Why menopause support in the workplace should be on your radar
It has been a big year in 2022 for highlighting menopause discrimination in the workplace.
An increase in tribunals, government initiatives, and companies implementing menopause policies has brought it out of the dark and into the spotlight.
Now, more than ever, employers should take into account the needs of employees going through menopause, who are the fastest growing demographic in the workforce.
Discrimination cases are rising
The number of tribunals citing menopause discrimination are rising, according to recent data from the Menopause Experts Group.
In 2017, only five UK employment cases cited menopause – in 2021, there were 23 trials. One woman took her employer to court this year after she was given a formal warning after being off sick due to severe menopause symptoms. She described having to defend herself in front of three men who did not have an understanding of menopause.
This case is just one of many and it highlights a pervasive misunderstanding both of menopause and its scope under discrimination laws.
Earlier this year, a UK survey of 2,000 women aged 45 to 67 revealed that one-quarter of women are unhappy at work due to lack of menopause support, with more than 60% stating that their workplace does not have any menopause policy in place.
Are you doing enough to help?
Statistics like these have been the focus of an inquiry by the Women and Equalities Committee, which has made several calls for menopause policies beyond the scope of the Equality Act 2010.
An increase in menopause-centred tribunals and inquiries by government bodies raises new questions for employers. As an employer, are you doing enough to support your employees? Are you truly abiding by the Equality Act? Should you implement your own workplace menopause policy, and if so, how?
As recent discrimination cases show, too many employers are unaware of the scope of the Equality Act as it relates to menopause and risk legal action without specific policies. While menopause is not a specific protected characteristic under the act, age, disability, gender reassignment and sex are – all aspects relevant to menopause.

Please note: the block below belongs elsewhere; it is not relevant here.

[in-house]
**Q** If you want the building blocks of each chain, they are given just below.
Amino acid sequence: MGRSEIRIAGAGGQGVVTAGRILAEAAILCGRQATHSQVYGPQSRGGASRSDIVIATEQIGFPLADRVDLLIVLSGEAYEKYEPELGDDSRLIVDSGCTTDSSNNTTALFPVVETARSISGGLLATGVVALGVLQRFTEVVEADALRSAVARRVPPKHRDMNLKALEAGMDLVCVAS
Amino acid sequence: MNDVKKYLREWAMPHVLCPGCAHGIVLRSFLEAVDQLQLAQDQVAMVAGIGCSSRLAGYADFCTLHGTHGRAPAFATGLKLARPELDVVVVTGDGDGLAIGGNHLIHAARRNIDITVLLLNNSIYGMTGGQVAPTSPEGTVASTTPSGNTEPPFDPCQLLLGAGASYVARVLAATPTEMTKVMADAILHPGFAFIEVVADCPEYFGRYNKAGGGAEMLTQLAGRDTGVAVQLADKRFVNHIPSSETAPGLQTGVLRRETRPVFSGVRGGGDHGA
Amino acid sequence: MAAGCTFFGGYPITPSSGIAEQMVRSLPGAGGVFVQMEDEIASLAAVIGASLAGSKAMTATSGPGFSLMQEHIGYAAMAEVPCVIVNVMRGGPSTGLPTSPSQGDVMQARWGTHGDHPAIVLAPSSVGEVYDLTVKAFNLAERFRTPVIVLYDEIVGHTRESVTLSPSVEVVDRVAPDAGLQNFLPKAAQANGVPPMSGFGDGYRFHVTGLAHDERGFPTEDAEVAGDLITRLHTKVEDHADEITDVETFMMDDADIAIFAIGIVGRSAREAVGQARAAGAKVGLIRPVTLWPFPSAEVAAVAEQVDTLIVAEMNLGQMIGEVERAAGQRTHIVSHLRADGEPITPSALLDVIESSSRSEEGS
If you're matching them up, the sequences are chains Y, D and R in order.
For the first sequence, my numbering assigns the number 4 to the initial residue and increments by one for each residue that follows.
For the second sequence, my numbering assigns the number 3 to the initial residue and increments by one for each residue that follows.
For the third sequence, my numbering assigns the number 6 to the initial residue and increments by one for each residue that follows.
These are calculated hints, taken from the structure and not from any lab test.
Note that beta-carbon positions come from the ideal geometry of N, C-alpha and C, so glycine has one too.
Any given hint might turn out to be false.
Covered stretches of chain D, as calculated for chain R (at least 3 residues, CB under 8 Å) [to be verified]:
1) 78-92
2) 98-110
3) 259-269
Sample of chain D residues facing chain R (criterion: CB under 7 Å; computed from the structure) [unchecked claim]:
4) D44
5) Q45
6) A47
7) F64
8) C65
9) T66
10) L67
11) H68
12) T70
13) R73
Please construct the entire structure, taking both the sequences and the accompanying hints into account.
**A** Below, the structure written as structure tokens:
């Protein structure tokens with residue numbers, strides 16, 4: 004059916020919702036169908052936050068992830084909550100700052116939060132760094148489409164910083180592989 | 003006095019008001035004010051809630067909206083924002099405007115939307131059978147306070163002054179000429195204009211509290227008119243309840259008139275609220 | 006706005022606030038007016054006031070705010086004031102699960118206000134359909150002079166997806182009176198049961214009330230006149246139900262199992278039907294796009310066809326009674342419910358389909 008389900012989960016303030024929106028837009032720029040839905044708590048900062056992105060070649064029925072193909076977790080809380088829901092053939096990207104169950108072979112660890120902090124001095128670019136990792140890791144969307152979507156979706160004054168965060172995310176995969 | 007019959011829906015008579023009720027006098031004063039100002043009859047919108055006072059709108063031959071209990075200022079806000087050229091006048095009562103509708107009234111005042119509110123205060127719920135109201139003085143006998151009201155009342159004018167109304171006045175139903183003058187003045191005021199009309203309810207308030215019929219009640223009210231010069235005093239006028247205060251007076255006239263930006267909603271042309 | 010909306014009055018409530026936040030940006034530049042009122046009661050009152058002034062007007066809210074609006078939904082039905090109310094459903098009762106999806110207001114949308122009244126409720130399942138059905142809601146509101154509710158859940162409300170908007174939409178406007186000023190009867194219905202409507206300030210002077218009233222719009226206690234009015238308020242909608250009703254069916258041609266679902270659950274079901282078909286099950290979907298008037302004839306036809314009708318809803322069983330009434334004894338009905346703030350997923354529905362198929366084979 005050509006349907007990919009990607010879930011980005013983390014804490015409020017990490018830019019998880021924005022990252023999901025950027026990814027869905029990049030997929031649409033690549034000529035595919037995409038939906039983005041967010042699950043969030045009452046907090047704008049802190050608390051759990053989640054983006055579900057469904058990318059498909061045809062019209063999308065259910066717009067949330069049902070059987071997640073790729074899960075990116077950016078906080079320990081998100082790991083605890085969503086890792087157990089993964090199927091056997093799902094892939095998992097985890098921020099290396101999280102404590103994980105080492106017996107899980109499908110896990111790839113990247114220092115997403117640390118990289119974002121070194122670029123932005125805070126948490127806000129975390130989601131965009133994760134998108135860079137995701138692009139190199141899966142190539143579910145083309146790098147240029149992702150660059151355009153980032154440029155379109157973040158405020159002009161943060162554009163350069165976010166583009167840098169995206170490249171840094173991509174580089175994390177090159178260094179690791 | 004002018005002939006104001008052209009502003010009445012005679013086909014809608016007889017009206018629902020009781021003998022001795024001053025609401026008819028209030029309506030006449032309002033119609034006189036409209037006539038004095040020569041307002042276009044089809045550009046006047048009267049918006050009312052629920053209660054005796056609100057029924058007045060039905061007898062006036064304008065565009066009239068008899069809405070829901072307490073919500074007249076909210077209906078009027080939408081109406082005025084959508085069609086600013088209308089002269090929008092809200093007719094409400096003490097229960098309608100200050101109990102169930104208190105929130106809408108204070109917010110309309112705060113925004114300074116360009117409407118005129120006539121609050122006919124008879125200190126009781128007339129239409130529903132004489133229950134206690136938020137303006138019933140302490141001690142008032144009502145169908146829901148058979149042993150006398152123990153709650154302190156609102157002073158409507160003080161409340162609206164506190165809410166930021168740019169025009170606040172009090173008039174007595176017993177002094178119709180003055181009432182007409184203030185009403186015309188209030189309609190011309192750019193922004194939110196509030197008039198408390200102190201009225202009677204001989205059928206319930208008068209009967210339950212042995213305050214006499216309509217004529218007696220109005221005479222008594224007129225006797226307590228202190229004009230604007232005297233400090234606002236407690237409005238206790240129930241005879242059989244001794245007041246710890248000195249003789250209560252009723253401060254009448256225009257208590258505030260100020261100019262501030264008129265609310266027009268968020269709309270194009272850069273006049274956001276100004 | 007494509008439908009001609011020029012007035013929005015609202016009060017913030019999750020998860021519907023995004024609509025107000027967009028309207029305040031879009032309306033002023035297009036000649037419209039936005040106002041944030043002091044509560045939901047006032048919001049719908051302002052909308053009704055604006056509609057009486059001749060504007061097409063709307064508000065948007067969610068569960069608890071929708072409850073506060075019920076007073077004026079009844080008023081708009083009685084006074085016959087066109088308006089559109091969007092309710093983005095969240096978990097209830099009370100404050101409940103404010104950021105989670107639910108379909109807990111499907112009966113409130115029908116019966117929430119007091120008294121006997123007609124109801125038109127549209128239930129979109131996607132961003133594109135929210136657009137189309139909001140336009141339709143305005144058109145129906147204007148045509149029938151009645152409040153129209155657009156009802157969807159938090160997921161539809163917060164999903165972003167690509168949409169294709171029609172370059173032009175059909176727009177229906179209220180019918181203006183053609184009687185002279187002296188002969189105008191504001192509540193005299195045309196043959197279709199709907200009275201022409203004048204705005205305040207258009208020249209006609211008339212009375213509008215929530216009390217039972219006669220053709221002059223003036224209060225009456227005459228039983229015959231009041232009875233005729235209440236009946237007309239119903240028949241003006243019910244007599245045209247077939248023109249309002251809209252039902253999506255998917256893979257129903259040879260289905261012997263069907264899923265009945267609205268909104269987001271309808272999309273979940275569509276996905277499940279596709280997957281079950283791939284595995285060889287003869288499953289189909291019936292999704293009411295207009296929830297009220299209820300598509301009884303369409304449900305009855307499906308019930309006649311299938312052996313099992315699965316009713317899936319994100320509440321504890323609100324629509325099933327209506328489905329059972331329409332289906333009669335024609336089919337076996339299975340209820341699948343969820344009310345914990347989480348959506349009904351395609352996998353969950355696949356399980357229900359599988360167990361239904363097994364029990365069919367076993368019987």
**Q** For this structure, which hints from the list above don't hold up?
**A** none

An employer is required under the act to make reasonable adjustments to reduce disadvantages an individual might face due to a disability. When it comes to menopause, these adjustments could be allowing employees to work from home due to disrupted sleep, or recording absences from menopause separately from other absence due to illness.
More than 90% of people say that menopausal or peri-menopausal symptoms have had a negative impact on their work. Introducing a robust menopause policy would mean educating HR and line managers on awareness of menopause symptoms and how they can affect work, and offering capability, disciplinary, and redundancy training so that employees are not wrongly reprimanded for the negative effects of menopause, like poor concentration or memory loss.
With Syrona’s workplace offering, employees can track menopause symptoms and access menopause specialists who they otherwise might not have access to through the NHS.
Specialists can offer support when it comes to hormone replacement therapy (HRT) and alternative treatments. HRT for menopause is still relatively uncommon. In some places in the UK, as few as 10% of those going through menopause take it.
Medicinal and natural alternatives are also available. Providing access to specialised care is a small step for employers that can make a huge difference for their workforces, while also keeping them secure within the legal framework.
In partnership with Syrona Health
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